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Acquisitive vs. Organic Growth

September 13th, 2010 8:07PM by Brendon Kensel

Digital media and marketing companies have slogged through the recession and are now hoping to see a rebound in 2011. While there is still macro-economic uncertainty, trends in the digital media and marketing sectors are moving in the right direction. Next year marketing expenditures on digital and online media in the U.S. is expected to surpass the marketing budget allocated to print for the first time.

As senior executives at digital media and marketing companies begin to plan their corporate strategy for 2011 many are trying to determine the right growth strategy — acquisitive or organic. Many CEO’s are now recognizing that their optimal corporate growth strategy will likely include a combination of acquisitive and organic growth. While most companies in the media and marketing sectors have been growing organically, now may be a good time to accelerate growth through acquisitions.

Successful corporate strategies incorporate organic growth fostered by the pursuit of operational and financial strategies along with select acquisitions that dovetail to the company’s key strengths. Executives that decide to pursue acquisitions should be able to identify the strategic reasons why they want to acquire a particular target.

The primary drivers of an acquisition typically include one or more of the following: a) acquire new distribution channel/customers; b) acquire key technology; c) expand or add a product line; d) gain executive/technical/creative talent; e) gain expertise and entry in a new market; f) gain a time-to-market advantage; and/or g) increase profitability.

Ultimately, acquisitions are made because companies believe it is a more effective means of meeting a strategic need and increasing shareholder value than organic growth. While any of the above attribute will enhance value, capturing proprietary technology or products with a significant competitive advantage, or gaining market leadership in a fast-growing market segment can dramatically enhance value. The merger and acquisition market in the media and marketing services sector has been brisk this year. Recent examples include:

In June GSI Commerce (NASDAQ: GSIC) acquired FetchBack, an advertising startup that specialized in retargeting, for about $40 million according to reports. This acquisition is very complimentary to GSI’s other marketing service offerings since retargeting will allow GSI to drive customers back to their clients’ websites.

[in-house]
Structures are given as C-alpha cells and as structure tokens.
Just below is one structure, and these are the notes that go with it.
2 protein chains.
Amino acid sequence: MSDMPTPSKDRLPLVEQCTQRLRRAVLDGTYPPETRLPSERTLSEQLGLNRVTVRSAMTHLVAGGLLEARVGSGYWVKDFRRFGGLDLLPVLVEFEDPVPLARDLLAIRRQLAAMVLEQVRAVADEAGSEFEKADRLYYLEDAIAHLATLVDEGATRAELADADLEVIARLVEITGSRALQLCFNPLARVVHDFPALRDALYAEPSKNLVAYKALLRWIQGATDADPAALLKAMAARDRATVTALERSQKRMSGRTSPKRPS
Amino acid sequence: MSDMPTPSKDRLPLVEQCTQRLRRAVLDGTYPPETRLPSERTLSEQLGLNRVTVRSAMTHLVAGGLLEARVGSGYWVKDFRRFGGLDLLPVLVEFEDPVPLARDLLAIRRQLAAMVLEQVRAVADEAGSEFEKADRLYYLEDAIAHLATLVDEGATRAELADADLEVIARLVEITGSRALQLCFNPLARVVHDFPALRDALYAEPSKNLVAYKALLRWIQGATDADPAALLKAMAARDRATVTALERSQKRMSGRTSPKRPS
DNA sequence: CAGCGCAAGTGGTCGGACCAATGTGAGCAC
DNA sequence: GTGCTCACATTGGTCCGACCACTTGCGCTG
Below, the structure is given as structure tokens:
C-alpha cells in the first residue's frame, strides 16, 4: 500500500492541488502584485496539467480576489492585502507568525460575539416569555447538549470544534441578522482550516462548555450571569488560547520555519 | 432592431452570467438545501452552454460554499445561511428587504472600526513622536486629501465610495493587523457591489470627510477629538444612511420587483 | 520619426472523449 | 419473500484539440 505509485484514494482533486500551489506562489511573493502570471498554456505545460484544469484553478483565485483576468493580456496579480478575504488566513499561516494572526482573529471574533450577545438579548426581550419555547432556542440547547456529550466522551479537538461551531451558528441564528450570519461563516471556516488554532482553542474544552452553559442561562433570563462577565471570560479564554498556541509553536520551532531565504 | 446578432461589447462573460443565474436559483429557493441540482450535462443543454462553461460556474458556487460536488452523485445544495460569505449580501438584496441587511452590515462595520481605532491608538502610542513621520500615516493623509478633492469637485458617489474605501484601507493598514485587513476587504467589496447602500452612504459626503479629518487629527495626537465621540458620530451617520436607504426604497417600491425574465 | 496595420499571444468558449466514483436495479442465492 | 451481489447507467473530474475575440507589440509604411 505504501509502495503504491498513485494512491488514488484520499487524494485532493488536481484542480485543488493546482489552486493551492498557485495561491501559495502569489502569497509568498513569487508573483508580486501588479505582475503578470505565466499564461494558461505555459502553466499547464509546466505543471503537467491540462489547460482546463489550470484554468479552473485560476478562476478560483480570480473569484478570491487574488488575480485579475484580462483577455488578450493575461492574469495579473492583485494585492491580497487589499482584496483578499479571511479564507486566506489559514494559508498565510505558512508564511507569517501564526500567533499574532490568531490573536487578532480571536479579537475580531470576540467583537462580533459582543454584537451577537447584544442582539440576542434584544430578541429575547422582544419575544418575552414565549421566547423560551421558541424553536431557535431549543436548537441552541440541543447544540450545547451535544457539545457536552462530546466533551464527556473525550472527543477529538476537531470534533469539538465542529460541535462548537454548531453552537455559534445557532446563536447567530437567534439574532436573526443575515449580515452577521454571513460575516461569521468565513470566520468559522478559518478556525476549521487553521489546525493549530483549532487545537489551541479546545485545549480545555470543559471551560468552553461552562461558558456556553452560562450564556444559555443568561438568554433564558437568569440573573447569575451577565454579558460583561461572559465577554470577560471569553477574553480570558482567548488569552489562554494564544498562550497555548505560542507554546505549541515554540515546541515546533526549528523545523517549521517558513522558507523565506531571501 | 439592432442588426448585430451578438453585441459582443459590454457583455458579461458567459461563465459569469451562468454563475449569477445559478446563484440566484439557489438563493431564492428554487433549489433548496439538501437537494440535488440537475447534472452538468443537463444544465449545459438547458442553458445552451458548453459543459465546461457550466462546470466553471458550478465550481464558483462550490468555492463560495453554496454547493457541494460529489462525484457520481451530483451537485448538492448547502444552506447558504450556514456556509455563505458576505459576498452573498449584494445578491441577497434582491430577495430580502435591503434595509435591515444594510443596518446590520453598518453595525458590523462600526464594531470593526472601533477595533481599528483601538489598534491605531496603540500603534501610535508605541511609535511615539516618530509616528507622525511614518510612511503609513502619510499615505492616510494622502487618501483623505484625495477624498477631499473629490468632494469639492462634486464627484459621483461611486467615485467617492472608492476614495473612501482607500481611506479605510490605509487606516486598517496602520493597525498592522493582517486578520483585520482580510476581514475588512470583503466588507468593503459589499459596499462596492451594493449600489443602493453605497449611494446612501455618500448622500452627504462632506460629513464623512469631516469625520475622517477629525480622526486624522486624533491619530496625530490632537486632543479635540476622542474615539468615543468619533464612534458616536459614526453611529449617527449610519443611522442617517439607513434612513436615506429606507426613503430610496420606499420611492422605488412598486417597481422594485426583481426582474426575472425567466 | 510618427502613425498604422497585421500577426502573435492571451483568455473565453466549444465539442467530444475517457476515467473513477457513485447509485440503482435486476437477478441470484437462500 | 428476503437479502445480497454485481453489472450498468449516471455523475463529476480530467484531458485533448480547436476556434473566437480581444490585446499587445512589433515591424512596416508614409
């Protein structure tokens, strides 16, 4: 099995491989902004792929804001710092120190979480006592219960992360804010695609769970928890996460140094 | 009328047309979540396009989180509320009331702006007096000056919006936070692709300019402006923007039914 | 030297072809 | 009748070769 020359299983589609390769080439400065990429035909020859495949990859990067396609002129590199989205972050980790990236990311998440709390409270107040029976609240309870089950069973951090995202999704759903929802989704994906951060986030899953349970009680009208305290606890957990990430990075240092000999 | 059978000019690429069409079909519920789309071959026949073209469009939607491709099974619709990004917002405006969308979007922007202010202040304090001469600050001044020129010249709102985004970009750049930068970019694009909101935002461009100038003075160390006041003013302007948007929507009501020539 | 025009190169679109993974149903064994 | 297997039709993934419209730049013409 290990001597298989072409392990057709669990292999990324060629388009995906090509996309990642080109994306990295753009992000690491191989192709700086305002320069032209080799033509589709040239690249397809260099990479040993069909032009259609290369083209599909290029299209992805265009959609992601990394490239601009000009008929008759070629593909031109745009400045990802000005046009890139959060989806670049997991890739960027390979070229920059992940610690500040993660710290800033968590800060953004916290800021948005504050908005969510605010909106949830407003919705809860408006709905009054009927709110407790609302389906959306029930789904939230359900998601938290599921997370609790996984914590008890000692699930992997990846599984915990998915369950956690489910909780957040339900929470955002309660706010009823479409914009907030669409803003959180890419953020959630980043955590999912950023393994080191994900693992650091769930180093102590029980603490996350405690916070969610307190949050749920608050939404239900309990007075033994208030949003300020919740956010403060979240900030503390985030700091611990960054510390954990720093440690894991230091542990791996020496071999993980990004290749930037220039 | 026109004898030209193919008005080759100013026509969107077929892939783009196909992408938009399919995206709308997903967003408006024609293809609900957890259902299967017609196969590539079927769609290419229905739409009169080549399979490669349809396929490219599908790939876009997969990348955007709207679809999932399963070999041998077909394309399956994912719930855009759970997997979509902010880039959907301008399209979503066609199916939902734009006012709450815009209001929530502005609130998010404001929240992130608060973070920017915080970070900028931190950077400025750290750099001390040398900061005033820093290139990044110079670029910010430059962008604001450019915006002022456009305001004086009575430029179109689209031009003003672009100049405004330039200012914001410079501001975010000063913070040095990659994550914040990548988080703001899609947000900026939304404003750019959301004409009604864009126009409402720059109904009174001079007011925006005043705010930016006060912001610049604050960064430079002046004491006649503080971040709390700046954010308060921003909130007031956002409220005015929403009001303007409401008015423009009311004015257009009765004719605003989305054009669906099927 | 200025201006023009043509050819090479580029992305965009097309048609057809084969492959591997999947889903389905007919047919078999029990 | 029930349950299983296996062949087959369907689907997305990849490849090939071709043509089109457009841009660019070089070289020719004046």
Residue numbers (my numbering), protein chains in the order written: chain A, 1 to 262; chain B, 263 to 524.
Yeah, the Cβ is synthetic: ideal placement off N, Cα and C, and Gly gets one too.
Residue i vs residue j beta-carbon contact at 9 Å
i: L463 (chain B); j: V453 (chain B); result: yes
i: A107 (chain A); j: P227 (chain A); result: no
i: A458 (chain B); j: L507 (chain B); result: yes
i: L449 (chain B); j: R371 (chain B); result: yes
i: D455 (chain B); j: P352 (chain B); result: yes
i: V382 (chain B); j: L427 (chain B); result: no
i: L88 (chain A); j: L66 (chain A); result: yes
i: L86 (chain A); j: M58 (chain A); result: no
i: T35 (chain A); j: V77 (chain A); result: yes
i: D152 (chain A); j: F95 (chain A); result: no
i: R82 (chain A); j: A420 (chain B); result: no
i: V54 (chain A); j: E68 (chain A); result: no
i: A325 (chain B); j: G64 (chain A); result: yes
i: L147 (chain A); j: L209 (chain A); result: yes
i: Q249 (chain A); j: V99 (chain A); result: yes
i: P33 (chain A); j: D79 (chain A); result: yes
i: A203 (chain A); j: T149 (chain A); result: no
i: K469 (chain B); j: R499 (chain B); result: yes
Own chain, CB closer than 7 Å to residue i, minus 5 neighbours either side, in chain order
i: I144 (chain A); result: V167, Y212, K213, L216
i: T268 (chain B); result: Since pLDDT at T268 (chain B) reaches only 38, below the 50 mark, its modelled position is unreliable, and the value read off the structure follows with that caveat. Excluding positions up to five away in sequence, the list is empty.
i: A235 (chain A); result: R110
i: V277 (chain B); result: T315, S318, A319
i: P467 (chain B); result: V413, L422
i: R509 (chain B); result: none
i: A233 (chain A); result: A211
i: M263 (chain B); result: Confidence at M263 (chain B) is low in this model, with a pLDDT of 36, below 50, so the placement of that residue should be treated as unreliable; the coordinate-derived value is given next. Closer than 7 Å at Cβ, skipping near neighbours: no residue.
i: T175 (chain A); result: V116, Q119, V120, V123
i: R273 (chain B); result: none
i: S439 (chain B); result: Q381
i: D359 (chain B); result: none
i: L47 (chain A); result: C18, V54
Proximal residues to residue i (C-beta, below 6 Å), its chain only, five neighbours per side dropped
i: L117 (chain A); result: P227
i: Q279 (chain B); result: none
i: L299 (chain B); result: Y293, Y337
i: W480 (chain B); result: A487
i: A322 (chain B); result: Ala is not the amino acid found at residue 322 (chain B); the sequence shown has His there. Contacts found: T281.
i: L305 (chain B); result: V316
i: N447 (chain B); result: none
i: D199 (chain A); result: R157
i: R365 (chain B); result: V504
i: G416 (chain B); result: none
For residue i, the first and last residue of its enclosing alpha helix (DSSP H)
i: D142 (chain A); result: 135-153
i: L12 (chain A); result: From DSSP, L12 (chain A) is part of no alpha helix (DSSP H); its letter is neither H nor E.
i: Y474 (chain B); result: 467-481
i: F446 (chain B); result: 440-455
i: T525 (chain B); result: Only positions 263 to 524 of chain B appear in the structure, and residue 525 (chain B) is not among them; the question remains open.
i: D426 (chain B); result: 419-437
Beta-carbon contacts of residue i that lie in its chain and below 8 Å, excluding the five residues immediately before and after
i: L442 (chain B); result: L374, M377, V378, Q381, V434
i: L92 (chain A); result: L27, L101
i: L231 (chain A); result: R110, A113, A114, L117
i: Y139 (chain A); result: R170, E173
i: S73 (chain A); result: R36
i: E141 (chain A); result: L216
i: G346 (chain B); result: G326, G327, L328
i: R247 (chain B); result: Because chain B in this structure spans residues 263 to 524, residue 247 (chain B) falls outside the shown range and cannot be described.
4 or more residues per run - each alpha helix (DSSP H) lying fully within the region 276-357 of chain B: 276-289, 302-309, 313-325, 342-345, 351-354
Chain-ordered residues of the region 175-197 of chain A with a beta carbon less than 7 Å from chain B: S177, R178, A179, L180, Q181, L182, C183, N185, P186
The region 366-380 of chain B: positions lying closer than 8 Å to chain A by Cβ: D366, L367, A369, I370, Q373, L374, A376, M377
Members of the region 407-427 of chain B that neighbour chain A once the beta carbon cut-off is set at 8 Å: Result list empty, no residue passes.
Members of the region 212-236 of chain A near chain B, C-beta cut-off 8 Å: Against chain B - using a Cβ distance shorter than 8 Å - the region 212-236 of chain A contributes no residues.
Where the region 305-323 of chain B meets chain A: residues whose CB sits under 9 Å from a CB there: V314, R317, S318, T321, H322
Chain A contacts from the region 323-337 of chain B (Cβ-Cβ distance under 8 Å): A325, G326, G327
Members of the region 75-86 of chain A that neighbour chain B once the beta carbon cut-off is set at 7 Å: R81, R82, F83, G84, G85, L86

Broadcaster and publisher Meredith Corp. (NYSE: MDP) acquired mobile agency The Hyperfactory in July. This acquisition provides Meredith with a strong mobile foothold and enhances its marketing services group.

Google (NASDAQ: GOOG) acquired social applications developer Slide for $182 million in August. The acquisition gives Google a seasoned team that knows social, something Google is working diligently to get right.

This month blog network Glam Media acquired German men’s online media company Fantastic Zero. This acquisition expands Glam’s efforts to reach males and will help broaden its overall demographic and geographic reach.

To further fuel your creative M&A juices check additional deals at CruchBase.

Strategic Buyers will lead M&A Activity in 2010

January 30th, 2010 3:12PM by Brendon Kensel
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Source: Dow Jones VentureSource

The M&A market the past twelve-months has been weak, but strategic buyers will likely lead an increase in deal activity in 2010. Financial buyers have continued to be challenged with the lack of credit availability while many potential strategic buyers are sitting on cash or have some access to existing lines of credit. We saw an increase in M&A activity in Q4 2009, but I expect deal makers to very creative this year to get deals done.

Since the economic crisis began many firms have streamlined operations and increased their cash positions. This improvement in financial health is expected to produce an increase in mergers and acquisitions as firms try to kick-start their growth.

While venture-backed companies may seek an IPO exit in 2010, I expect strategic buyers to emerge as the more likely exit. According to Dow Jones VentureSource there are 25 venture-backed companies currently in IPO registration, but there were 86 M&A transactions in Q4 2009 generating $7.3 billion. Amazon.com’s (NASDAQ: AMZN) $847 million purchase of Zappos.com was the largest deal of Q4 2009.

Mergers and acquisitions are off to a brisk start in Q1 2010 with several transactions in the media and marketing sectors. A few deals follow: Dentsu, Japan’s largest ad agency, acquired Innovation Interactive, the parent of digital ad shop 360i; AOL (NYSE: AOL) acquired StudioNow, an online platform for content creation and distribution, for $36.5 million in cash and stock; and LivePerson acquired web analytics company NuConomy for $3 million.

I contacted Alexander Haislip, senior writer at Thomson Reuters’ Venture Capital Journal and a columnist for Private Equity Hub, to get his point-of-view on the M&A outlook for 2010, particularly in the cleantech sector. “There’s a great opportunity for innovation in the cleantech M&A where startups license their technology to big manufacturers who can put it directly into production,” commented Mr. Haislip. “Project financing for cleantech is way off levels we saw just a few years before and it is harder for ever for entrepreneurs to connect with expansion capital. Investors may find their best hope for at least partial liquidity in 2010 is through licensing. That’ll mean tangoing with the likes of The ABB Group (NYSE: ABB), GE (NYSE: GE), First Solar (NASDAQ: FSLR), and a host of other biggies that have yet to make their intentions known.”